Is there a place in your life where you’re standing still or looking back because of regretful dwelling or your past failures and mistakes?
Yes. Duh. Of course. I’m human and I don’t do well in remembering my worth. If you’re not full of self-doubt, congratulations. I applaud your superhuman ability to forgive yourself and accept yourself for every aspect of you. Usually, it’s a particular person that we allow to hold us back from growing. Much of our time is spent resenting exes, or never getting over them, maybe trying to win them back. Meanwhile, said exes are moving on and growing up. They’ve chosen to let the past be in the past. It’s not necessarily “not caring” as much as they have outgrown the relationships from their past. Ideally, this doesn’t mean cutting all ties, but that is now all too often the case.
In the last several months, I’ve chosen to not date. After two relationships abruptly ending back to back, I realized I needed some me time. As a wise friend put it, “Concentrate on you, girl. In a correct, positive, nourishing sense. Not the silly, modern selfish sense.” And that’s exactly what I’ve been doing. Part of the creation of this blog, as well as all of this self-improvement, has been getting over more than any ex or bad job experience. It’s mostly been getting over myself. I’m obstacle number one in my life. No one can hold me back as well as myself; the same goes for you, too.
I spoke to my mom last night about growing up and the general difficulty of it all. As she accurately put it, “You’ve been in a holding pattern ever since you got out of college and came home.” There’s no disagreeing with her. Even now, I’m in another holding pattern, but this one happens to be semi-productive. When you’ve stuck yourself somewhere, it’s usually next to impossible to see just how stuck you are. Whether it be a dead-end career choice, living situation, friendship or other type of relationship, you’re usually blind to it.
The beauty of this current holding pattern is that I have the space and desire to grow. When I graduated from college, I was so set on forcing the things I wanted to happen. Instead of preparing myself for what I wanted, I waited impatiently. There’s a significant difference between patient and impatient waiting. The most important distinction is one of choice. Impatience means choosing reaction; patience means choosing proactivity and intention. One comes with clear, targeted goals, the other with muddled feelings of frustration and resentment. It requires significantly more strength to choose what feels like doing nothing (e.g. waiting) instead of keeping busy or, worse still, forcing change.
I speak of strength for I am a willful woman. Too often have I attempted to force fate’s hand. It began in my eighteenth year, before one of my bigger life changes. I was in a two year relationship and all I could think of was its end. I feared what parting ways meant or what a burden another year of long distance dating would be without any declared intent. I was selfish and afraid, so I forced change. This began a series of forced changes; some in the ending of relationships or in trying to initiate them. I’ve learned since that turning the wrong way down a one-way street puts you in a world of hurt. At best, you’re in for an awkward turn around. At worst, you get wrecked.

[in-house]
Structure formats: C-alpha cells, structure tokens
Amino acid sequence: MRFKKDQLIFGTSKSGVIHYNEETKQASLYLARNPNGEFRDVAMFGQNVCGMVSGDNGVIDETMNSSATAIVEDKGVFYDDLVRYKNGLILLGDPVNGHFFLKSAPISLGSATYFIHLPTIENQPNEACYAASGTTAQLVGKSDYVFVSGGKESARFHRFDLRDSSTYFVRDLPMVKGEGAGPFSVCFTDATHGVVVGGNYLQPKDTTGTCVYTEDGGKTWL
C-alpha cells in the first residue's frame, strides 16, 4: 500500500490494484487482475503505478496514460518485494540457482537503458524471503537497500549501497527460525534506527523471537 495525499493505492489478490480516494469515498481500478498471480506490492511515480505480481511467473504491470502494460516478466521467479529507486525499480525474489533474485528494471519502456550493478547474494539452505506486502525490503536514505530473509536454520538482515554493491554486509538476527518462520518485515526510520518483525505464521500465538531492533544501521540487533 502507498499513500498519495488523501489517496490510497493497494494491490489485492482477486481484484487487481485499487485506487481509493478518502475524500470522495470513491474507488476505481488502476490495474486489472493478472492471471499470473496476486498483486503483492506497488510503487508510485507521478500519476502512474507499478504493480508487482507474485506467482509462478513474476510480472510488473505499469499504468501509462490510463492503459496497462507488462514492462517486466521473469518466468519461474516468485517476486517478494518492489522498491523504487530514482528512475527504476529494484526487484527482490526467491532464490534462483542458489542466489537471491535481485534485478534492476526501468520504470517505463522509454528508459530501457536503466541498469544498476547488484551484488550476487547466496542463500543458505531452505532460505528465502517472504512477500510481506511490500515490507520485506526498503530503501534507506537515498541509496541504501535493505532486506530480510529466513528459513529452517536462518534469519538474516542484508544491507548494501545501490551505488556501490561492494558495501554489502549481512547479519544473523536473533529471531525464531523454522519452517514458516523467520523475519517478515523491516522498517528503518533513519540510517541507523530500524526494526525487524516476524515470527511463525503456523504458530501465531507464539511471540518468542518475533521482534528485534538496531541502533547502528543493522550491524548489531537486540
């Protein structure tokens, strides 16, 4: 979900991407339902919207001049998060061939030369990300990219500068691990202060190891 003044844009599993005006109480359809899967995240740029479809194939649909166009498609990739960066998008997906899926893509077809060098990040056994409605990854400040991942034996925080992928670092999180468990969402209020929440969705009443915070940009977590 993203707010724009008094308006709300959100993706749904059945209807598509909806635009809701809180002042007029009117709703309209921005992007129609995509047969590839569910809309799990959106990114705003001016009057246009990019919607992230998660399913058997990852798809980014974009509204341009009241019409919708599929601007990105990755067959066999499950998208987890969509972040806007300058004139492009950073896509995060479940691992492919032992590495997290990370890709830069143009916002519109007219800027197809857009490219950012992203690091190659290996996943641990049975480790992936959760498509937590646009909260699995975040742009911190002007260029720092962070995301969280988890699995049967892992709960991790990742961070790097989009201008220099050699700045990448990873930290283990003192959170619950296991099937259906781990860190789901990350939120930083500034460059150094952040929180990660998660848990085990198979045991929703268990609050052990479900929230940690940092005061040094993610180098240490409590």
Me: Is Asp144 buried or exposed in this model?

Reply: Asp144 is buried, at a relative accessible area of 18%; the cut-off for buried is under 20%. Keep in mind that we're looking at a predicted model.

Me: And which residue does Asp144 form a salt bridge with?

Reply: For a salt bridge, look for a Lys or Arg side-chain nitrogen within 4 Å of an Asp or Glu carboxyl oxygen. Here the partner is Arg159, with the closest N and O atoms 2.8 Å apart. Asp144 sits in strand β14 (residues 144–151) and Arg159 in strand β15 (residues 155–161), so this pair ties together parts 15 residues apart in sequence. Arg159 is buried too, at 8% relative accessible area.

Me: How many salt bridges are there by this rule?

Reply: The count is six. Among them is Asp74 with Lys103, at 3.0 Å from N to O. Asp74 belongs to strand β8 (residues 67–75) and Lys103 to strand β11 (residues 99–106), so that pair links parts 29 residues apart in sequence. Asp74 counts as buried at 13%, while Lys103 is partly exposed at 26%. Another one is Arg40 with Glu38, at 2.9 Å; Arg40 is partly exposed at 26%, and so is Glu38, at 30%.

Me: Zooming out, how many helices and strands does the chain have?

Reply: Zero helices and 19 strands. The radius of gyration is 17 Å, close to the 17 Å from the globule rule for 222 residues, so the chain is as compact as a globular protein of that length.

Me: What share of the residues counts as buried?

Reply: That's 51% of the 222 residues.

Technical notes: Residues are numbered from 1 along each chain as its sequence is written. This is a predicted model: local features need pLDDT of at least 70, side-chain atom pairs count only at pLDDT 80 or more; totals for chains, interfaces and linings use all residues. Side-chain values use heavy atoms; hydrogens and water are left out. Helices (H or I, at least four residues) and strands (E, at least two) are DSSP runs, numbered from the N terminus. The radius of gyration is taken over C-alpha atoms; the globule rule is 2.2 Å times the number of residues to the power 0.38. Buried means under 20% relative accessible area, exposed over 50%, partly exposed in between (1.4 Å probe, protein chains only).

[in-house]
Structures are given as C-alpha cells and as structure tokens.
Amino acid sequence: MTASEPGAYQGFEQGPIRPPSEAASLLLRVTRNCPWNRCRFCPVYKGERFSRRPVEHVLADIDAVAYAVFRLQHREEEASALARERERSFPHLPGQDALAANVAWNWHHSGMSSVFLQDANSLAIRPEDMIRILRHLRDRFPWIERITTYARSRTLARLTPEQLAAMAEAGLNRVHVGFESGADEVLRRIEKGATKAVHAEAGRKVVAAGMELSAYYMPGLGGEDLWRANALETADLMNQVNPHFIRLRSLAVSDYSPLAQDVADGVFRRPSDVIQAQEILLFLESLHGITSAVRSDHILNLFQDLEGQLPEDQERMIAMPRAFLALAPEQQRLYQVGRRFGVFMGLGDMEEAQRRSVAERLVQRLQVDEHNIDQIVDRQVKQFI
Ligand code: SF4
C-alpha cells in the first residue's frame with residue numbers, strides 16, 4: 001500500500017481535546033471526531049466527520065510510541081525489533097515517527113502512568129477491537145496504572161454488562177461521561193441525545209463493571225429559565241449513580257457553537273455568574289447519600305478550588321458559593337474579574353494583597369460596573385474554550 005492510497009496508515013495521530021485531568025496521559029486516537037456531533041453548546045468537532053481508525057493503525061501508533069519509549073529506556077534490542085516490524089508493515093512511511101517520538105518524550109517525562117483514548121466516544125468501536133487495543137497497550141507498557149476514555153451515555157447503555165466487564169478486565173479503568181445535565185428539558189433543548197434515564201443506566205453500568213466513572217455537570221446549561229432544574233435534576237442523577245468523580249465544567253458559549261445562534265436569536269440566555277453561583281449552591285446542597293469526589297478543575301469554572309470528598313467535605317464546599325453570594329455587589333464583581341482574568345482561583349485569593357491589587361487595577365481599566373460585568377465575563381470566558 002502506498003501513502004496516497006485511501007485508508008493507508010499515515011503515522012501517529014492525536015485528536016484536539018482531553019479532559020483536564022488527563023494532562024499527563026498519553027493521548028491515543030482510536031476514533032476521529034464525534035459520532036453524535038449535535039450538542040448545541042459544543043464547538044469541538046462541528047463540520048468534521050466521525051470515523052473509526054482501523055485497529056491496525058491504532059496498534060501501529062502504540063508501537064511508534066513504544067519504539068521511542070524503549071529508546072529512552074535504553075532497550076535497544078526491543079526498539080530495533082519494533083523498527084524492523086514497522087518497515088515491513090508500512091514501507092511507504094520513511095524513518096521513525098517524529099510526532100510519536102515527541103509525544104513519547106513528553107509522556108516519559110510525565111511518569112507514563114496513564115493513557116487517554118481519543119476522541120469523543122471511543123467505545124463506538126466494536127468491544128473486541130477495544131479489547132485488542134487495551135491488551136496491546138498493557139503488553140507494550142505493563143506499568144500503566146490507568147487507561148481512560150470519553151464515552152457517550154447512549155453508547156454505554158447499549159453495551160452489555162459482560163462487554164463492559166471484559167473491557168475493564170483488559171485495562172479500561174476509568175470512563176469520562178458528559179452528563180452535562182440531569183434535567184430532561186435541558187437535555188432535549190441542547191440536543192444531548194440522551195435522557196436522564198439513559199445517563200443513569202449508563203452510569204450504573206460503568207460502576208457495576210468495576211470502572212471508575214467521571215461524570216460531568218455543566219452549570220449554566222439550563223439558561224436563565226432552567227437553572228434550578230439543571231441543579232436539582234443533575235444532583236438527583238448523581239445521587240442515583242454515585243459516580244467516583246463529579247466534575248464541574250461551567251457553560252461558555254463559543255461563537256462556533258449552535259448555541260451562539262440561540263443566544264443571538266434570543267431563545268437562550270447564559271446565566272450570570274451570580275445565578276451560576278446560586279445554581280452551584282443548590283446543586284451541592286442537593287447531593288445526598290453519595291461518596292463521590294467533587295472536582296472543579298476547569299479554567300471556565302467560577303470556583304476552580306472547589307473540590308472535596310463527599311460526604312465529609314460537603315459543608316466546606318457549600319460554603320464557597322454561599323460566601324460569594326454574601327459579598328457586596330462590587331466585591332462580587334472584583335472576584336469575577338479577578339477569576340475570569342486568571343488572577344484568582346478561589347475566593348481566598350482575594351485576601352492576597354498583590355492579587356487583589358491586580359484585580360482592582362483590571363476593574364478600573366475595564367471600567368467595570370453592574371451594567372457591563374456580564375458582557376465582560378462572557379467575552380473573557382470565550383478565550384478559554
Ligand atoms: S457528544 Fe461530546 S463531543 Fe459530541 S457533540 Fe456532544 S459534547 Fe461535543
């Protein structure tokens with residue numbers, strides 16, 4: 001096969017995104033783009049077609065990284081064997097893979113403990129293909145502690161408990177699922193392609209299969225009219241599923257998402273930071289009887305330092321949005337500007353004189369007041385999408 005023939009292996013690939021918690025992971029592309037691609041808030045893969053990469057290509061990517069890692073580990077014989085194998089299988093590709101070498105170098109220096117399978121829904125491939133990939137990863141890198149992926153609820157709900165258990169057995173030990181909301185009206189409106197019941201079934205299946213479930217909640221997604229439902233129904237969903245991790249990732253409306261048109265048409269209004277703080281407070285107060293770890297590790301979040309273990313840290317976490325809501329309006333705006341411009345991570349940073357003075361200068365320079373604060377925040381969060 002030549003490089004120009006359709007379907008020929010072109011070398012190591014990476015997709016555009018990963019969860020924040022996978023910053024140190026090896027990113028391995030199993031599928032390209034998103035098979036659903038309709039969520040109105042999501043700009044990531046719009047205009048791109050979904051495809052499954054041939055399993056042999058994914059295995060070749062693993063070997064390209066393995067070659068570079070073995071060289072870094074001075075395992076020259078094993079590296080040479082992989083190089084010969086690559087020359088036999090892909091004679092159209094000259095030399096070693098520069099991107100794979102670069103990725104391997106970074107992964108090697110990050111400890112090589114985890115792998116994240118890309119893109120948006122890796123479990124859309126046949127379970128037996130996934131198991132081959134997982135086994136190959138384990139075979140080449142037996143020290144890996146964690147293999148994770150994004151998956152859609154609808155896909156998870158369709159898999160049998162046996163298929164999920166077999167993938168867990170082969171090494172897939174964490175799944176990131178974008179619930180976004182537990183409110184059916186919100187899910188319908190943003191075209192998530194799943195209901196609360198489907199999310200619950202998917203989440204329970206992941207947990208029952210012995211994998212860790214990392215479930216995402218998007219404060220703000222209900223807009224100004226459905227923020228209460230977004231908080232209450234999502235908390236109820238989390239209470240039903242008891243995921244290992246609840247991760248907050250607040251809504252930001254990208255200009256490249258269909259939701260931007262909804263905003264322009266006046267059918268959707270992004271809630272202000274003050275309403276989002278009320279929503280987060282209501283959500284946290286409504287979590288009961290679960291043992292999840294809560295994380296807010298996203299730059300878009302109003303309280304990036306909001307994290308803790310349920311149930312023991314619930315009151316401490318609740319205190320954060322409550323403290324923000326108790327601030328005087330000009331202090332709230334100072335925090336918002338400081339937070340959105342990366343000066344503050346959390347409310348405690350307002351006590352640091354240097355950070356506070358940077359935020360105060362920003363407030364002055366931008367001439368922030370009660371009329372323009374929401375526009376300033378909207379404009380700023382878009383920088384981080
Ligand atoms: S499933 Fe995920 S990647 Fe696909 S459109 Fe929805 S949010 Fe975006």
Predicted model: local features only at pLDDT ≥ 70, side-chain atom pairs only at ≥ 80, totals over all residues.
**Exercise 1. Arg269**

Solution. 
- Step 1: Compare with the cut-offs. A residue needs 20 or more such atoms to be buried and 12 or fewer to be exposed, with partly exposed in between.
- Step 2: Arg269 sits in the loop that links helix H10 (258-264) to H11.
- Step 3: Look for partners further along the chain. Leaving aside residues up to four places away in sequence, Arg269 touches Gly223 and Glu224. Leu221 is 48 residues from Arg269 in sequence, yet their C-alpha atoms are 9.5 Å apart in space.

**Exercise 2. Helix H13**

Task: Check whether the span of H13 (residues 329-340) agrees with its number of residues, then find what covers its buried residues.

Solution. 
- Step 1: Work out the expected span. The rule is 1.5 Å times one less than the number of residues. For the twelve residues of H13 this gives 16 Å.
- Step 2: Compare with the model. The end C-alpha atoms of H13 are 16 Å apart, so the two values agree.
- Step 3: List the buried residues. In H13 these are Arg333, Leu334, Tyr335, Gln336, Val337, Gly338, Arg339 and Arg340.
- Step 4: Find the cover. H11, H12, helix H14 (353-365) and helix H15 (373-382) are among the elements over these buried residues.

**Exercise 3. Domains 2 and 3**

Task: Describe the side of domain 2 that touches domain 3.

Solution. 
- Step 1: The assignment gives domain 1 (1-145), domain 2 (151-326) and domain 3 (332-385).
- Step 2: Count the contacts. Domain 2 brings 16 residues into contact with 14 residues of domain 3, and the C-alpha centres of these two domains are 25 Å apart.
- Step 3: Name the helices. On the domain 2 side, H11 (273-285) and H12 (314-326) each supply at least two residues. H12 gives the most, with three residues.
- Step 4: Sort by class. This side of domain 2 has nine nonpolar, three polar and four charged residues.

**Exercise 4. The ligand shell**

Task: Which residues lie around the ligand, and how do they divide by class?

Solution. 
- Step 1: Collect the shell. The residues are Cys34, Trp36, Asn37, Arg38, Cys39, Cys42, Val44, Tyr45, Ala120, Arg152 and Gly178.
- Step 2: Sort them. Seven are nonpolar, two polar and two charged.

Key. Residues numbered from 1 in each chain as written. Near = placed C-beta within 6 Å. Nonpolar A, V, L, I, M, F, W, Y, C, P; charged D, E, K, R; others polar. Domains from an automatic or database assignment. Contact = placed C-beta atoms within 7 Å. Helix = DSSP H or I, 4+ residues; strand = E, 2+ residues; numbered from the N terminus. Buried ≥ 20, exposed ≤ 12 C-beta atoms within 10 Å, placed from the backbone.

Why are you experiencing a desire to date?
This is an important question to ask yourself, man or woman. Dating isn’t just about fun. That’s the primary aspect, to be fair. It’s mostly about getting to know another human being and determining if he or she is good for your future. After sifting through the last bit of emotional wreckage, I began to consider some new rules for myself. Considering my past willfulness and frustration in the realms of romance, these rules have become necessary in many parts of my life, but particularly in dating.
Rule #1: Don’t initiate.
Men are supposed to take the lead for a reason. I am not going to go through every single anecdotal explanation as to why. It’s only natural for men to be the one to seek our attention. Every other mating species on this planet has some sort of ritual. The males prance, dance, engineer, or coerce (yikes) their to seduce a mate. Of course, their mating is 9.5/10 about a genetic propagation. In higher functioning mammals, I’m unsure of how this applies. So why are human males any different? Despite cultural adjustments or gender revolutions, men are still proposing marriage. What’s the difference with a man asking a woman out on a date?
So much of modern dating involves inorganic interaction. The removal of that face-to-face pressure also removes any impetus for men to be men. In other words, the onus for initiation becomes a question when it’s not supposed to be. If you match, swipe, select, et cetera on someone, who’s supposed to message first? Some dating sites and apps are engineered to give women a first choice. As much as I’ve appreciated this in the past, it’s entirely uncharted territory. Too often, forward women have a higher agenda than men lacking initiative or in need of organic encouragement (i.e. higher stakes with other men around, potential friends serving as wing men).
That’s why I’m not dating, or at least, not like I used to. I’m letting men do their thing, as they’re supposed to. Despite any mutual feelings I may share with some, it’s not on me to have the cajones and initiate. Too long have I been the one deciding how things should be and it’s exhausting. I’m still on the prowl, but I’ve got a pack to hunt with until a prospective partner is brave or smart enough to make a move.
Rule #2: Be patient.
This is my whole new world. It’s going to certainly take some getting used to. Impatience has been my holding pattern for so long. I’ve finally realized that patience really just requires clarity of purpose, firm intent, and a cultivated willpower. I’ll get there eventually, and when I do, it’ll be life changing.